Differences and evolution of the methods for the assessment of microsatellite instability

Research output: Contribution to journalArticle

Abstract

Microsatellite instability (MSI) originates from the systematic accumulation of uncorrected deletion/insertion in repetitive DNA tracts in cancer cells with a deficient mismatch repair system. Among colorectal cancers, the MSI signature identifies hereditary cases arising in patients with germline mutations in hMLH1, hMSH2, PMS2 and a fraction of those with hMSH6 mutations, as well as sporadic cancers with epigenetic hMLH1 promoter hypermethylation. Considering the specific pathogenesis, pathological features, natural history and response to 5-fluoro-uracil-based chemotherapy of the MSI cancers, confusion about the genetic markers for MSI recognition seems surprising. In this clinically relevant field, an agreement has not been reached concerning the use of di- or mononucleotide markers for MSI assessment. The Revised Bethesda Guidelines still recommend a panel of markers consisting of mono- and dinucleotides, despite being questioned whether it is congruous to continue to use dinucleotide markers for MSI identification. In any event, no single marker is accurate enough for MSI testing, and an awareness of their pros and cons is required for proper interpretation of results. In recent years, several papers have reported different prevalence of MSI in unrelated series, largely depending on the detection and classification method, suggesting that MSI test interpretation also requires the understanding of the phenomenon rather than simply the crude satisfaction of panel recommendations. Inaccuracies can otherwise lead to under- or overdiagnosis and inaccurate disease classification, which always have a negative impact on the clinical practice of medicine.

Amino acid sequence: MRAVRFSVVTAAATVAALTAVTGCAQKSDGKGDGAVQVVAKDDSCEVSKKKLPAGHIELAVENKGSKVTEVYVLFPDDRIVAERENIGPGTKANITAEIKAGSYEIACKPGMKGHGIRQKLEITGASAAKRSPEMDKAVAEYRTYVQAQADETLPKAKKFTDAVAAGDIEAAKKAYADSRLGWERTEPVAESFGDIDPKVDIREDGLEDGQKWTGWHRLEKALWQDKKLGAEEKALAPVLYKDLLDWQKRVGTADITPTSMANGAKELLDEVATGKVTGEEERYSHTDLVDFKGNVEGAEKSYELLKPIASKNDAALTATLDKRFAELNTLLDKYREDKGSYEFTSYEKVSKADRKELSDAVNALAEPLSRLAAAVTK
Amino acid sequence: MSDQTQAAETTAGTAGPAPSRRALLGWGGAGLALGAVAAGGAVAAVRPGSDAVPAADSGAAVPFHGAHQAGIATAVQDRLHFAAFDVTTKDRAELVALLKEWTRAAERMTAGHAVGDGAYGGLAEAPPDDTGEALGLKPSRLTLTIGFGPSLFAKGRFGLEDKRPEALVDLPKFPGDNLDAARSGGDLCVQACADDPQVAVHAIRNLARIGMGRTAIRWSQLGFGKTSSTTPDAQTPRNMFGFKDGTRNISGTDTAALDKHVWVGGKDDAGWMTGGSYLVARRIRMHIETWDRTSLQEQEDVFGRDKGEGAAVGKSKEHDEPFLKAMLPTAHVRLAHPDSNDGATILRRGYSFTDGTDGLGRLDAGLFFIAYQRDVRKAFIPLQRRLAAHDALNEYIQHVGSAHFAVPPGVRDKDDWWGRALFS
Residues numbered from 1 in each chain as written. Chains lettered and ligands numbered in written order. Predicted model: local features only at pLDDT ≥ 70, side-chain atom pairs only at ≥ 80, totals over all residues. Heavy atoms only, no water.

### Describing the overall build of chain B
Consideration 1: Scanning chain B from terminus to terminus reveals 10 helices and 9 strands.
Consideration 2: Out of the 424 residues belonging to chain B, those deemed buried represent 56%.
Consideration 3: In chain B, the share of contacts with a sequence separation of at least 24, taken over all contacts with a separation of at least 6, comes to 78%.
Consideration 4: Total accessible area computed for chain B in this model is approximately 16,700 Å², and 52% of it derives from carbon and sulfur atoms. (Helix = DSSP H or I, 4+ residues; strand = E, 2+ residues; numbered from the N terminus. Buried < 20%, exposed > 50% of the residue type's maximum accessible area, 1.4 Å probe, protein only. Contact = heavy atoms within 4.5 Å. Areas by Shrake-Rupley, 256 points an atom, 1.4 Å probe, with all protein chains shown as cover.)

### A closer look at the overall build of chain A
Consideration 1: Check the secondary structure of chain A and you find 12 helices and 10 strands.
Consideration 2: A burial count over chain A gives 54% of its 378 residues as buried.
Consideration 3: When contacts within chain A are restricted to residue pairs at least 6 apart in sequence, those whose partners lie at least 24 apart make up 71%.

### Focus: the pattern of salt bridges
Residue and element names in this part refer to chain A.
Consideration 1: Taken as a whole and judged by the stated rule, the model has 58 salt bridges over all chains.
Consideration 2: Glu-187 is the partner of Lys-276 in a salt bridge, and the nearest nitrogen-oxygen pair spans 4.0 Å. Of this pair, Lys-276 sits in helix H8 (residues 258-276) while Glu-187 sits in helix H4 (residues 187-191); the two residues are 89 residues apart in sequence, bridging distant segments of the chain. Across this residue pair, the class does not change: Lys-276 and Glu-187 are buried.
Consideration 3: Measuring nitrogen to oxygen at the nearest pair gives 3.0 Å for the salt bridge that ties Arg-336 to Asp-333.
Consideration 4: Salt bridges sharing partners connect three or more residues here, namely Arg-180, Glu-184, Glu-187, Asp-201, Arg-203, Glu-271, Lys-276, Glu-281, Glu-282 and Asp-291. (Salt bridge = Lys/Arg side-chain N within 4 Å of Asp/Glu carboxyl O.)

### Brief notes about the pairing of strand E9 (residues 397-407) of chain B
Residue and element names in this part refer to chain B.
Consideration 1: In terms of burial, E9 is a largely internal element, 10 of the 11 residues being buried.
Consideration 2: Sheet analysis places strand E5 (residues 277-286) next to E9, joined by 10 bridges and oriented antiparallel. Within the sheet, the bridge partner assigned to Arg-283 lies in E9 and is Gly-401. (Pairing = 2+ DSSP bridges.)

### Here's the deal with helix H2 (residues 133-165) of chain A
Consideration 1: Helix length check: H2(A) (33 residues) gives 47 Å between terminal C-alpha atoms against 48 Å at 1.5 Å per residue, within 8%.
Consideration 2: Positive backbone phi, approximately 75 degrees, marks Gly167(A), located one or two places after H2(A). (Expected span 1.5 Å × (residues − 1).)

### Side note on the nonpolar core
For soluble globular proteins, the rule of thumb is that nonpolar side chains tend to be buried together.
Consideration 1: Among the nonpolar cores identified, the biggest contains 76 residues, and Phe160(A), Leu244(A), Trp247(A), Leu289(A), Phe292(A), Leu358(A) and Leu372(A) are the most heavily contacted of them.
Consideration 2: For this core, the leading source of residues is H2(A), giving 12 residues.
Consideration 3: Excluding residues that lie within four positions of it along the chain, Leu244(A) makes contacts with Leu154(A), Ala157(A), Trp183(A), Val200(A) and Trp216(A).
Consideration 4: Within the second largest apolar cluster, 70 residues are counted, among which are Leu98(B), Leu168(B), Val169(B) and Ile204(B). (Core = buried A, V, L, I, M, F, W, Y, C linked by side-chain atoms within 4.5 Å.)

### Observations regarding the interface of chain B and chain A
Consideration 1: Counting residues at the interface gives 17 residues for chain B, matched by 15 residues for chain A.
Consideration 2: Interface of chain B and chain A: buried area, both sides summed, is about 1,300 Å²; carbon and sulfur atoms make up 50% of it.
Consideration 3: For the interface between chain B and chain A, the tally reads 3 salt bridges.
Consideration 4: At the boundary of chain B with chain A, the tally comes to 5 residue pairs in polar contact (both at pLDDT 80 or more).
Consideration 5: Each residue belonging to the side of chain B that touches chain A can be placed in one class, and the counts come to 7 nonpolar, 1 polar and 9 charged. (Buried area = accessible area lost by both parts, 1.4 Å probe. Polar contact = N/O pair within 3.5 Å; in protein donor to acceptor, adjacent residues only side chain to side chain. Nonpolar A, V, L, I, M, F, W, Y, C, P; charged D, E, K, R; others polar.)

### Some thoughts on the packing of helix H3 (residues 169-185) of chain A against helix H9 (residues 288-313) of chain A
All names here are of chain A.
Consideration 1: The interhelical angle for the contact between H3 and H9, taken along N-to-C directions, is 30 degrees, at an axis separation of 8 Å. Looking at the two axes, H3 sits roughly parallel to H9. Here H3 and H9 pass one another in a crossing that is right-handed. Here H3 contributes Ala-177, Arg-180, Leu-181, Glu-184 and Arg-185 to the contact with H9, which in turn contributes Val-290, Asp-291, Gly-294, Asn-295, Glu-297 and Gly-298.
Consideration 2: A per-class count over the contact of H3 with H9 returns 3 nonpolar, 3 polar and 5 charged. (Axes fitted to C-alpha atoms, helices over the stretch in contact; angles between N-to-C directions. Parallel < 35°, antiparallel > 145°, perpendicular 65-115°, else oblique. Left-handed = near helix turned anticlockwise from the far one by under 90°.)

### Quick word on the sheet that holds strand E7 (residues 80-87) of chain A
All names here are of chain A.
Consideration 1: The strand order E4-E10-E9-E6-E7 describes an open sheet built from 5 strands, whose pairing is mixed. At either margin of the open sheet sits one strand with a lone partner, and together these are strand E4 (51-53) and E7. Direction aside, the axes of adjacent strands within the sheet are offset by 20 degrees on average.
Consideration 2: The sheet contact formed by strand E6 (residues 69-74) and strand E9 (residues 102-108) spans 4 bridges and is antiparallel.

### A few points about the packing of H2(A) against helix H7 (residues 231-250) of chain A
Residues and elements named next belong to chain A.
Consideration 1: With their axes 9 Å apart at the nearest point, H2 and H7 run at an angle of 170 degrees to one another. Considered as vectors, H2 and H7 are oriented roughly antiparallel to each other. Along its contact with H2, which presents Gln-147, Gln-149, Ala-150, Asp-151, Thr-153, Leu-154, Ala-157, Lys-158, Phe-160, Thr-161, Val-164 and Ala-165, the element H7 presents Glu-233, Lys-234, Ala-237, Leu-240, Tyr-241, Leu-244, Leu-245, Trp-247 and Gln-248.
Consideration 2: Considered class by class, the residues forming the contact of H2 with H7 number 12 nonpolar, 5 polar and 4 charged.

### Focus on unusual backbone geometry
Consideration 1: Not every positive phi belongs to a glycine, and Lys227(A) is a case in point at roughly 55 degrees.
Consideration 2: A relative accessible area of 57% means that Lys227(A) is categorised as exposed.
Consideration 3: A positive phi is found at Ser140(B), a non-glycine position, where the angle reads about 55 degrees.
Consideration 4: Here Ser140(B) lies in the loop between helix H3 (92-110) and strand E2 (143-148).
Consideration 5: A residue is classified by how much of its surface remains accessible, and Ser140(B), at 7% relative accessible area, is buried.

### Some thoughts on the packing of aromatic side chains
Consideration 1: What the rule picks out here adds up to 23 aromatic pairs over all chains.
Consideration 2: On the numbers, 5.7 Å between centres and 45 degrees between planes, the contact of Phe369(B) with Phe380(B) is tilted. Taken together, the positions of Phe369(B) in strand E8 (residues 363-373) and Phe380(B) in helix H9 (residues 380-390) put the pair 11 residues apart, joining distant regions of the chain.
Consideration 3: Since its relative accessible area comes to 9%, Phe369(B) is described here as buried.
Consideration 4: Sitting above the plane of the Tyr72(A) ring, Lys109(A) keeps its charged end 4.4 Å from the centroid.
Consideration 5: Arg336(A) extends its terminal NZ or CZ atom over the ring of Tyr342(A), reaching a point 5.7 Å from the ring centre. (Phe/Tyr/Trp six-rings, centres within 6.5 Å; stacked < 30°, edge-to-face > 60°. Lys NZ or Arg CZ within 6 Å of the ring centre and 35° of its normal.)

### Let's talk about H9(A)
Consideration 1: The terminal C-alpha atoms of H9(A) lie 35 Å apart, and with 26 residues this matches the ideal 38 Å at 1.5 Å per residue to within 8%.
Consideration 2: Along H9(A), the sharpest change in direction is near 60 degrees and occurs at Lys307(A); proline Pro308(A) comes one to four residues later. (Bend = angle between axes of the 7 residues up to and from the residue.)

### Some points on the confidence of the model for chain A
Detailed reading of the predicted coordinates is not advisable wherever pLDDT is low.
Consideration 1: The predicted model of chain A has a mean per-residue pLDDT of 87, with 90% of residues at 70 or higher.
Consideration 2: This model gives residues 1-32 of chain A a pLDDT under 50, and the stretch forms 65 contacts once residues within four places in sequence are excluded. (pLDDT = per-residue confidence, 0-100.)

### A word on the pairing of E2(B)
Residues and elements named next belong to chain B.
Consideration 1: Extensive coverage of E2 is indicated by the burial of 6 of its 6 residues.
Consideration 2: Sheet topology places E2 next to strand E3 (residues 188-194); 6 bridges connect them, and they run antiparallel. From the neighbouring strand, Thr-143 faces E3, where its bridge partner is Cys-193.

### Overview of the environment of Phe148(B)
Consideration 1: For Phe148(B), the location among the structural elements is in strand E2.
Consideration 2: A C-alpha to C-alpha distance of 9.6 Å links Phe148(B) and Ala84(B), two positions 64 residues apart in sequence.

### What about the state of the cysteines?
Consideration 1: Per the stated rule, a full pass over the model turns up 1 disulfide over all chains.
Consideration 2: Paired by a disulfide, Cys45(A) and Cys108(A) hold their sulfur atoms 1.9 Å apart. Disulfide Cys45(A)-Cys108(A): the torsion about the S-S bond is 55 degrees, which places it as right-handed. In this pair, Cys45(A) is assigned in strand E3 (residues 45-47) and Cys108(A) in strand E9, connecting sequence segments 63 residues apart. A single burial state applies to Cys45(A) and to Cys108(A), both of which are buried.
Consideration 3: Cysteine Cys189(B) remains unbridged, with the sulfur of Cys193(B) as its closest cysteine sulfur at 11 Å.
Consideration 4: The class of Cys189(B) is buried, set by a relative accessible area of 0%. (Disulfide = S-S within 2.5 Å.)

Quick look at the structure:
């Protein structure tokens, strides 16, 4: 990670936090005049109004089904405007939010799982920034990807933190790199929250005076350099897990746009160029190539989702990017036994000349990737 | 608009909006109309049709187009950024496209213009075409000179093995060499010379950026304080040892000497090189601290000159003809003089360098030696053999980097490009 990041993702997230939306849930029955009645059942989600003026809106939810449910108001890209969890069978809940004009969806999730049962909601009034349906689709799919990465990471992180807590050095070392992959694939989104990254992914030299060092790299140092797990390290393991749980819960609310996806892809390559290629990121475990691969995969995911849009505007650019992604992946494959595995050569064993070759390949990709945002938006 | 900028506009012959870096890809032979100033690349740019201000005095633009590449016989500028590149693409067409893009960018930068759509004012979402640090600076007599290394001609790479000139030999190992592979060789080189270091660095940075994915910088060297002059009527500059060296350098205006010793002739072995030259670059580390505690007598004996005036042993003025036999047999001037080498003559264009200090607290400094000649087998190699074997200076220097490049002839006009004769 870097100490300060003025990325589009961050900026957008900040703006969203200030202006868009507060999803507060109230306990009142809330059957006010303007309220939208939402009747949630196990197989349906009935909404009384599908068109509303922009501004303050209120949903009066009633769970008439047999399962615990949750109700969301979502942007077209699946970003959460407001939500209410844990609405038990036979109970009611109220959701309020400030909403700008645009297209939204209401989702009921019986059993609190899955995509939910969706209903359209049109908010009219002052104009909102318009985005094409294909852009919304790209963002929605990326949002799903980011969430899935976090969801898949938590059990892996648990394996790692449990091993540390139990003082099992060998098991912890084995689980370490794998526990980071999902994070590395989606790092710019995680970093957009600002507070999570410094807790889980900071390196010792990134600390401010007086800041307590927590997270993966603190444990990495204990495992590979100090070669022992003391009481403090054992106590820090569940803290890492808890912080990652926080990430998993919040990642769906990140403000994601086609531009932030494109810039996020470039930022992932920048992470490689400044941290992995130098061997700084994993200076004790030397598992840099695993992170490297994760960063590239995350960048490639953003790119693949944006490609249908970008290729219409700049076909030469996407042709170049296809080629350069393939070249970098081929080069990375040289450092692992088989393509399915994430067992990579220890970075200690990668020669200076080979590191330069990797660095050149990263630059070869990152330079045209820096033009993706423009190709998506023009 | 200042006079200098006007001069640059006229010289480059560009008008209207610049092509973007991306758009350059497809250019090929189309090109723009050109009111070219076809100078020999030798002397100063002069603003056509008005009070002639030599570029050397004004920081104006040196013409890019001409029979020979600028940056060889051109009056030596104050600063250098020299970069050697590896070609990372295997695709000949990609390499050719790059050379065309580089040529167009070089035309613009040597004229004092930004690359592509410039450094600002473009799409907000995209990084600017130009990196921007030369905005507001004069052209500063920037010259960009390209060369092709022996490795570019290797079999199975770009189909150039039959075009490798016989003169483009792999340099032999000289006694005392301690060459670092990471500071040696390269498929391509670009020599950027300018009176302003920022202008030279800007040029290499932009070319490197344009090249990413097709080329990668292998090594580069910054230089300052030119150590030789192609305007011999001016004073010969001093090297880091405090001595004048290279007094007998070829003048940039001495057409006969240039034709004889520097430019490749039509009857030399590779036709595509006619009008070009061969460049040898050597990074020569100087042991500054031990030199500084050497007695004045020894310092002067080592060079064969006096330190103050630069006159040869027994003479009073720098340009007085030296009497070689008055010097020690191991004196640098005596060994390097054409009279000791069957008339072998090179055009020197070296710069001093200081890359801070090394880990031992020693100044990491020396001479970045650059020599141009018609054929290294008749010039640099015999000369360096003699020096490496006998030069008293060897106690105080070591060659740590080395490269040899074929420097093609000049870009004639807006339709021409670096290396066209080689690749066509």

Original languageEnglish
Pages (from-to)6313-6321
Number of pages9
JournalOncogene
Volume27
Issue number49
DOIs
Publication statusPublished - Oct 23 2008

Keywords

  • Inherited and sporadic colorectal cancer
  • Microsatellite instability
  • Mismatch repair defects
  • Molecular diagnosis

ASJC Scopus subject areas

  • Molecular Biology
  • Cancer Research
  • Genetics

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